Bed bugs for six years in Bay Ridge, Brooklyn

by nobugsonme on August 30, 2011 · 12 comments

in bed bugs, brooklyn, new york city

This story in the Daily News today cites three different tenants who claim their building on 90th Street in Bay Ridge, Brooklyn has had bed bugs for as long as six years.

All claim to have lost significant property and money fighting the problem, and that their landlord has sent in pest control operators to treat but has not responded sufficiently to eliminate the problem.

You have to wonder — as tenant Theresa Odum does — if he is simply trying to get rent stabilized tenants to move out, so new tenants can be charged a higher rent.

Have these tenants called 311? Someone must have — the city has recorded 43 open violations for the property, including a bed bug complaint as recently as 8/16, according to the Daily News.

It remains to be seen if the city will be able to help these tenants get the problem completely resolved.

Bed bugs are treatable. There is absolutely no reason for people to live with them for years.

1 Pete August 30, 2011 at 3:57 pm

This is such a horrific story. What’s even more horrific is the fact that it doesn’t seem as if Odum realises it would have been cheaper to cover her furniture and mattress with bed bug proof covers from “Protect A Bed”. And she keeps buying new furniture which tells me she’s probably not as informed or educated on her situation as much as she should be. I thought landlords were supposed to provide educational materials for their tenants. years is a long time and I could only imagine the state of the aprtments in this place. We may not have a magic bullet for bed bugs but we sure do have proactive education that goes a long way in successfully eliminating BBs. I am so worried about those, and anybody, in such a situation. I hope they can get some real help fast because at this point, the mental trauma is sure to last and affect these peoples lives for many years to come.

2 nobugsonme August 30, 2011 at 6:54 pm

I agree, Pete. It is an awful situation and I hope they get some help.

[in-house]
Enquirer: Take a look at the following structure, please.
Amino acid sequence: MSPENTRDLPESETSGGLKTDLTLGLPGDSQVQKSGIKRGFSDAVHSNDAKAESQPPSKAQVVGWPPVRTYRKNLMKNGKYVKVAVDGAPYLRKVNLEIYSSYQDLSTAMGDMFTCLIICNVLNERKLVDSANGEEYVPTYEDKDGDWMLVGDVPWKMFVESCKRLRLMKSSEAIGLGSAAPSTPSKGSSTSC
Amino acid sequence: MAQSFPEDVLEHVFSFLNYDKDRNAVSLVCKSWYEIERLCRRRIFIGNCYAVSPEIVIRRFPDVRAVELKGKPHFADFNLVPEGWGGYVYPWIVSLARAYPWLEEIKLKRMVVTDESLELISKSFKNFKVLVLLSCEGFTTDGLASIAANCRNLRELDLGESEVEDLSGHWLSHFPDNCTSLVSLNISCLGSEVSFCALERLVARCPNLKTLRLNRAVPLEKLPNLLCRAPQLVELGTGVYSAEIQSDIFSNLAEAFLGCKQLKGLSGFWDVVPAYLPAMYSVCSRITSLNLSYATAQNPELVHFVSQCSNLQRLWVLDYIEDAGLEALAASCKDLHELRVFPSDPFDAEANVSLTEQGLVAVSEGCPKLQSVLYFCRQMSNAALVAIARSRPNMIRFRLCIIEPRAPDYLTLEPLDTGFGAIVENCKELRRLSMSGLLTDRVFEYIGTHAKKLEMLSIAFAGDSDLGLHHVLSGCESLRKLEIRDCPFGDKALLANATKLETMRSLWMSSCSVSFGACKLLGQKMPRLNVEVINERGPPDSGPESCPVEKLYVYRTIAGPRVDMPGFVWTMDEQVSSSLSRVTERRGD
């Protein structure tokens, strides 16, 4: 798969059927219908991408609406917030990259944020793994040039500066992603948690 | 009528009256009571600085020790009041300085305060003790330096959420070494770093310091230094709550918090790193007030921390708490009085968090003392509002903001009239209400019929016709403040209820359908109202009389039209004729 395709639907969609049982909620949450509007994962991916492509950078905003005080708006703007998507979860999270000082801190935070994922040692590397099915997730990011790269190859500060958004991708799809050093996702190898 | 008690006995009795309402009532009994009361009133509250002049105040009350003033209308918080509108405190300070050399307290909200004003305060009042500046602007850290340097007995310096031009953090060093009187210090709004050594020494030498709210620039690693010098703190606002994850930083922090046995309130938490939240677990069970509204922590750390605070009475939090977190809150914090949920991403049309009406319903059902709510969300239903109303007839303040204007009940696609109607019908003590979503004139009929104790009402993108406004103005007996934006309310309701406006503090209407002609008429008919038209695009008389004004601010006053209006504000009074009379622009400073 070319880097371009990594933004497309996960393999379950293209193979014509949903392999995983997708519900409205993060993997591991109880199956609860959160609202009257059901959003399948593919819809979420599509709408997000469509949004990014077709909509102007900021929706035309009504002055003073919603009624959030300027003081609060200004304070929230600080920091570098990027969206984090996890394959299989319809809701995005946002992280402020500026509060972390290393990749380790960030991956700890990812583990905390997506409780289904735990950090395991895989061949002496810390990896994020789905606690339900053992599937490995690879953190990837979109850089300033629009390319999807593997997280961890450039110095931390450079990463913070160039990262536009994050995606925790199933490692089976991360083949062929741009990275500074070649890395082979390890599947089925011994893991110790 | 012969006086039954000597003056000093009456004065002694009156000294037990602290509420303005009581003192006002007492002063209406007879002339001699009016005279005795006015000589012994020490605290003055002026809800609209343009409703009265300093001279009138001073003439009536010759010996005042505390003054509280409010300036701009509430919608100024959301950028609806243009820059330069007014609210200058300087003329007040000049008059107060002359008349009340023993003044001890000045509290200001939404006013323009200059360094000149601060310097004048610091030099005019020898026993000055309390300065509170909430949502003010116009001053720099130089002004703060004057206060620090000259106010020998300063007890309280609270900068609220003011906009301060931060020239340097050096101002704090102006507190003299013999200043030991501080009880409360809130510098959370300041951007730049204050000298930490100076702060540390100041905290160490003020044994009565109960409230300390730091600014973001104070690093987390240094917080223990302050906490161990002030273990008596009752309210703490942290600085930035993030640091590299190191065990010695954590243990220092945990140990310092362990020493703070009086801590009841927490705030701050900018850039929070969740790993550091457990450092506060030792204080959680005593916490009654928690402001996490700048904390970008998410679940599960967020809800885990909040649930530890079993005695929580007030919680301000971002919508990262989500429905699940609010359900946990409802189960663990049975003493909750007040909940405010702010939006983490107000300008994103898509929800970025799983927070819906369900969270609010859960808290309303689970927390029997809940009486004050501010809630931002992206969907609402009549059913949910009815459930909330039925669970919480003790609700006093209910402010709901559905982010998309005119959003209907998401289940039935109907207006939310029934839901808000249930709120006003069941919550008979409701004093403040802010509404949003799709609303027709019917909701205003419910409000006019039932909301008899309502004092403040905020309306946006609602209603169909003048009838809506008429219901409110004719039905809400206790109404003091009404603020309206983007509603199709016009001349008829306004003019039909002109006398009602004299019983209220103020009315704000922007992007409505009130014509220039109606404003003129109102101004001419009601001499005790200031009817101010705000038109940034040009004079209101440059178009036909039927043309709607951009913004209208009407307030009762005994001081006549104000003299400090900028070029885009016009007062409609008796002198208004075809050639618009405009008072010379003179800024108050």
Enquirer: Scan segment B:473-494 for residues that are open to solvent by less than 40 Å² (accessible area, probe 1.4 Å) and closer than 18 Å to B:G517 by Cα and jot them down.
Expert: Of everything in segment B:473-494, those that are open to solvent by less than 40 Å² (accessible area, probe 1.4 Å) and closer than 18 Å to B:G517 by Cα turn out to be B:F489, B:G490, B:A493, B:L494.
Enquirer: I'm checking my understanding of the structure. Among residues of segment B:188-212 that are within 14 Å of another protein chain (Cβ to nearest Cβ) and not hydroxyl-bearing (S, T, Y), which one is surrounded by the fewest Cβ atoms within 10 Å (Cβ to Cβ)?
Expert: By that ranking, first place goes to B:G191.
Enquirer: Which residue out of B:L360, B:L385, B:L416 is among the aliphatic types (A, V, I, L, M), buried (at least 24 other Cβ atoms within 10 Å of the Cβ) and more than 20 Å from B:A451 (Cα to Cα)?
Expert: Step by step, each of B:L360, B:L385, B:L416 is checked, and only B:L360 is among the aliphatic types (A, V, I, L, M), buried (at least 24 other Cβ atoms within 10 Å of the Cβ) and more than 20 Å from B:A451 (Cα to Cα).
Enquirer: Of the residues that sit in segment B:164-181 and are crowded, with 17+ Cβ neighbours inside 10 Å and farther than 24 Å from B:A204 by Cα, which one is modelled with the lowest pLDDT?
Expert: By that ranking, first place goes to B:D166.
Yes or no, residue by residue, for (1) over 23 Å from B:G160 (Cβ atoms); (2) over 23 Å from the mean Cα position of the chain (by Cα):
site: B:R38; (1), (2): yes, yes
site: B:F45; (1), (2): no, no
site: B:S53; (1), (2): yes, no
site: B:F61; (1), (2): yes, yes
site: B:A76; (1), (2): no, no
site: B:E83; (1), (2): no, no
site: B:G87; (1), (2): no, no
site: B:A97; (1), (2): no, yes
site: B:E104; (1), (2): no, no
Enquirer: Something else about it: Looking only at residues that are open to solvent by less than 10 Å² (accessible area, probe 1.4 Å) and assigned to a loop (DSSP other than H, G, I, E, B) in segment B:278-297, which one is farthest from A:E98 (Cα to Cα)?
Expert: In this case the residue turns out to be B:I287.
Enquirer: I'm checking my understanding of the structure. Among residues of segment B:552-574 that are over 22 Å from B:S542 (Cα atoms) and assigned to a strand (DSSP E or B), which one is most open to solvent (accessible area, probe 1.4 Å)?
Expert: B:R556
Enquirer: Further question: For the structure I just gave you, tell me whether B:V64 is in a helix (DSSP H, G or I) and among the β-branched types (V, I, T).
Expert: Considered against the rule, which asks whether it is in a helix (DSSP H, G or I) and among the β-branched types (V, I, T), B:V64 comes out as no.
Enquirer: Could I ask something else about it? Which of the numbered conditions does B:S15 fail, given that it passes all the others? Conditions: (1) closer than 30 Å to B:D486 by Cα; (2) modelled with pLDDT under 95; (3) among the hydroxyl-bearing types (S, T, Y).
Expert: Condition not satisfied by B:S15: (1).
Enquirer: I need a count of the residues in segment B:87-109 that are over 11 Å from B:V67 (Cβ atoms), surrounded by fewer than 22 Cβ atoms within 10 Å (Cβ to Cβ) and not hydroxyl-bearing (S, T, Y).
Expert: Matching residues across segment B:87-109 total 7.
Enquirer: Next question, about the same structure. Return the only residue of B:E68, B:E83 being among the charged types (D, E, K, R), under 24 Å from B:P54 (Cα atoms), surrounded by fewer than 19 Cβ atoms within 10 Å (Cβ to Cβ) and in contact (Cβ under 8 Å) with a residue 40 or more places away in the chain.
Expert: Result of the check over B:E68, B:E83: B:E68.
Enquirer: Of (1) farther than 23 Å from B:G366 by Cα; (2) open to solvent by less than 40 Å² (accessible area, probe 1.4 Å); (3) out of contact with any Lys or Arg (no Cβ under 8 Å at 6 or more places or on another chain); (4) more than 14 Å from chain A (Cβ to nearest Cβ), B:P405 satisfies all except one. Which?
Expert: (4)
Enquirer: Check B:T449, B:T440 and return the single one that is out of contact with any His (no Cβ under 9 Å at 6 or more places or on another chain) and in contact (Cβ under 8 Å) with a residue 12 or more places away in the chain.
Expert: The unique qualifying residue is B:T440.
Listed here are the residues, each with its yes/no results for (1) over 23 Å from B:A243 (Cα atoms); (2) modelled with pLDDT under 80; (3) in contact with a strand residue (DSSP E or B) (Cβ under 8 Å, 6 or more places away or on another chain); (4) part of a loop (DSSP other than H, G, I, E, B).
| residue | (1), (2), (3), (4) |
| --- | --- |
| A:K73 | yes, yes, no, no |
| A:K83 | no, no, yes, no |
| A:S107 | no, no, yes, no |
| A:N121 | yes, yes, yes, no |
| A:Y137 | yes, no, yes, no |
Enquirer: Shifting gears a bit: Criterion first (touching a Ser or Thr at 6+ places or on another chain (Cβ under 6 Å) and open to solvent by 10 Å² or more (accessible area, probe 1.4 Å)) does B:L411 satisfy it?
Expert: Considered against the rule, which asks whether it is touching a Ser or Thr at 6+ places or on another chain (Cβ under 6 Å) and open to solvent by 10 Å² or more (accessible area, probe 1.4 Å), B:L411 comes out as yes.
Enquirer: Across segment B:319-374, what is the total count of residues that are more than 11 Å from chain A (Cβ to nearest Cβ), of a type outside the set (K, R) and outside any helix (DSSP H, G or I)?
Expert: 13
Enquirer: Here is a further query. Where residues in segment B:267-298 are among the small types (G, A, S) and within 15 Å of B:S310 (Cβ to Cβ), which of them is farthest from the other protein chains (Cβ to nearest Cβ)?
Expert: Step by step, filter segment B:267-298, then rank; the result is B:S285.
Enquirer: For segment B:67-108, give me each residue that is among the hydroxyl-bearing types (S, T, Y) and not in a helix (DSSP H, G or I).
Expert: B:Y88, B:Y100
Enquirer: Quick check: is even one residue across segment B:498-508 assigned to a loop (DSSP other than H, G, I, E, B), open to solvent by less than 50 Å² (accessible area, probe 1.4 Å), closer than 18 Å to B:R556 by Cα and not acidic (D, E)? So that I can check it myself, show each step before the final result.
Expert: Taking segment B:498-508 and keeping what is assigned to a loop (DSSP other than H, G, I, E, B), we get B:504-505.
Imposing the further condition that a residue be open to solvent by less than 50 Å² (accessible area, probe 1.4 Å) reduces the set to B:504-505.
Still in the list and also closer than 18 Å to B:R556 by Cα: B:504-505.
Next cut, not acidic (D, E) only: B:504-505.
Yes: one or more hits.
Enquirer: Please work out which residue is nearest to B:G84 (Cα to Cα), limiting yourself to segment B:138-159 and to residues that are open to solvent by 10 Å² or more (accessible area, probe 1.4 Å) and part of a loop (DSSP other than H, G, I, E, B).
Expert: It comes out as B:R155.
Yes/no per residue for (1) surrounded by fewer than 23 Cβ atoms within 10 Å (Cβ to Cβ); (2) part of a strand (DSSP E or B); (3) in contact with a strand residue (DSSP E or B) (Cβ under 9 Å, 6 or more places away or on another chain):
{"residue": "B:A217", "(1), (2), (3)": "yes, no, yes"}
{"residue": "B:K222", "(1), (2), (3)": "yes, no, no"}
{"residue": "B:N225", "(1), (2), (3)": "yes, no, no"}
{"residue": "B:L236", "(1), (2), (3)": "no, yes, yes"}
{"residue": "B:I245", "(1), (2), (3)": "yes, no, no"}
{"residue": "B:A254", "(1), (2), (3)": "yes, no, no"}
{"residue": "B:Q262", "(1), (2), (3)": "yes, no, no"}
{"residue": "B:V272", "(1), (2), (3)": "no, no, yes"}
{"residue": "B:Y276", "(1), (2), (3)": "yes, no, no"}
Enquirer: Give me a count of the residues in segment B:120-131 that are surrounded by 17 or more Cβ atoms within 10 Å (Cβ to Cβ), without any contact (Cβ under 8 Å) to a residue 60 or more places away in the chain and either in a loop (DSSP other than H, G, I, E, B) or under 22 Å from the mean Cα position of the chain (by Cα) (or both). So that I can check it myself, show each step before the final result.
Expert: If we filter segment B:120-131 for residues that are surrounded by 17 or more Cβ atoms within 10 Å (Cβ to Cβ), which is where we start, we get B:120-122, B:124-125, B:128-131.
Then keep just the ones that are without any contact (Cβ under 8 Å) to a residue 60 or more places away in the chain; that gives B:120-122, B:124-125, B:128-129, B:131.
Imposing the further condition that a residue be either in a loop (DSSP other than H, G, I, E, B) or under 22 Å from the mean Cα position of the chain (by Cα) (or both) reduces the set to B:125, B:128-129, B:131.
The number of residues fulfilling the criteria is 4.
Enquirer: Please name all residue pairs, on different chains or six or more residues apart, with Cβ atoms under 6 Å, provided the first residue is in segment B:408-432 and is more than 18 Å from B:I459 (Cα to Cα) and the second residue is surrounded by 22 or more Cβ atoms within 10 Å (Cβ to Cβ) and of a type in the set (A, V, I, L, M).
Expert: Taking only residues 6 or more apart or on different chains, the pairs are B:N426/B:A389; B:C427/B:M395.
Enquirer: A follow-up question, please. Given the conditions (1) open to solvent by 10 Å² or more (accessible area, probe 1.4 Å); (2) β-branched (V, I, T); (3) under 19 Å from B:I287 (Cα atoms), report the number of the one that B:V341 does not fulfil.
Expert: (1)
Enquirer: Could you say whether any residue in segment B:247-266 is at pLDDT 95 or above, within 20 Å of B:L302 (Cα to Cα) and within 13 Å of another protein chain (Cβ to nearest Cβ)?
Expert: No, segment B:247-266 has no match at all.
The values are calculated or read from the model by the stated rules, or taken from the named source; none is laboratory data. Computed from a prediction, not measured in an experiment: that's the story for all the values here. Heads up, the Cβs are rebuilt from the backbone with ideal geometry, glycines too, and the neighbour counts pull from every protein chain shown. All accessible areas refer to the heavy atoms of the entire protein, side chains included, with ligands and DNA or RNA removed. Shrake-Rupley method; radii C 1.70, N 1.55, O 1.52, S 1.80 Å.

If the city knows about this (through their violations records), and doesn’t deal with this one, then I won’t hold out a lot of hope for NYC tenants in general.

3 blargg August 31, 2011 at 7:55 am

Bedbug-eradicated apartments are few and far in between, it seems…. I’m never living in an apartment unless a silver bullet is discovered…

4 nobugsonme August 31, 2011 at 10:40 am


I think buildings successfully beat this all the time. It takes a bit of coordination. In this case, it sounds like units are being treated one by one. I wonder if there are other units where no one has come forward. That kind of thing must be managed with inspections.

For what it’s worth, I have heard many such stories of successfully treated buildings — but not via the news, or the Bedbugger forums. Tenants whose landlords manage this problem properly are usually too busy getting on with life to stop in and post us about it.

5 so unsettling August 31, 2011 at 3:00 pm

Actually, I think this outcome is a lot more typical than we realize. I know of many such situations in buildings in my own town. They landlords DO respond and try, but it is difficult for them to control all the variables, especially in places where tenants commonly move in and out. High tenant turnover makes control much more difficult. Without better products to deliver a knock-out blow, the problem just keeps recurring. I don’t think we should be too quick to blame landlords for not playing all the cards right, which is another way of describing coordination. Sometimes there is just too much going on.

6 Pete August 31, 2011 at 3:41 pm

nobugsonme and unsettling,

I agree with both fully. It is a very complicated situation that requires tenants and landlords to come together and, in a lot of cases, they also need the state to assist. The costs are very high as we all know and in the case of a landlord full of tenants on rent control….I assume the landlord’s wallet is not as thick as they would like it to be and that obviously compounds the issue here. One thing that could help is if Insurance Comapnies would band together to create a fully effective and educational bed bug coverage product for consumers. This is a worldwide problem that surely could use the help of renters, home and business owners, local state and government assistance, and the power of Big Corporations. I know the Big Corps., state and government would look at political and fiscal factors as motivation to do something extra on this epidemic as it is the nature of the beast here, so, I’m sure, if carefully devised, they could make money and help save the world from this plague, but that’s just an entirely different can of worms. This is the one time I could honestly say that if I hit the lottery, I would surely donate a huge portion of my winnings ,after taxes of course, to bed bug research.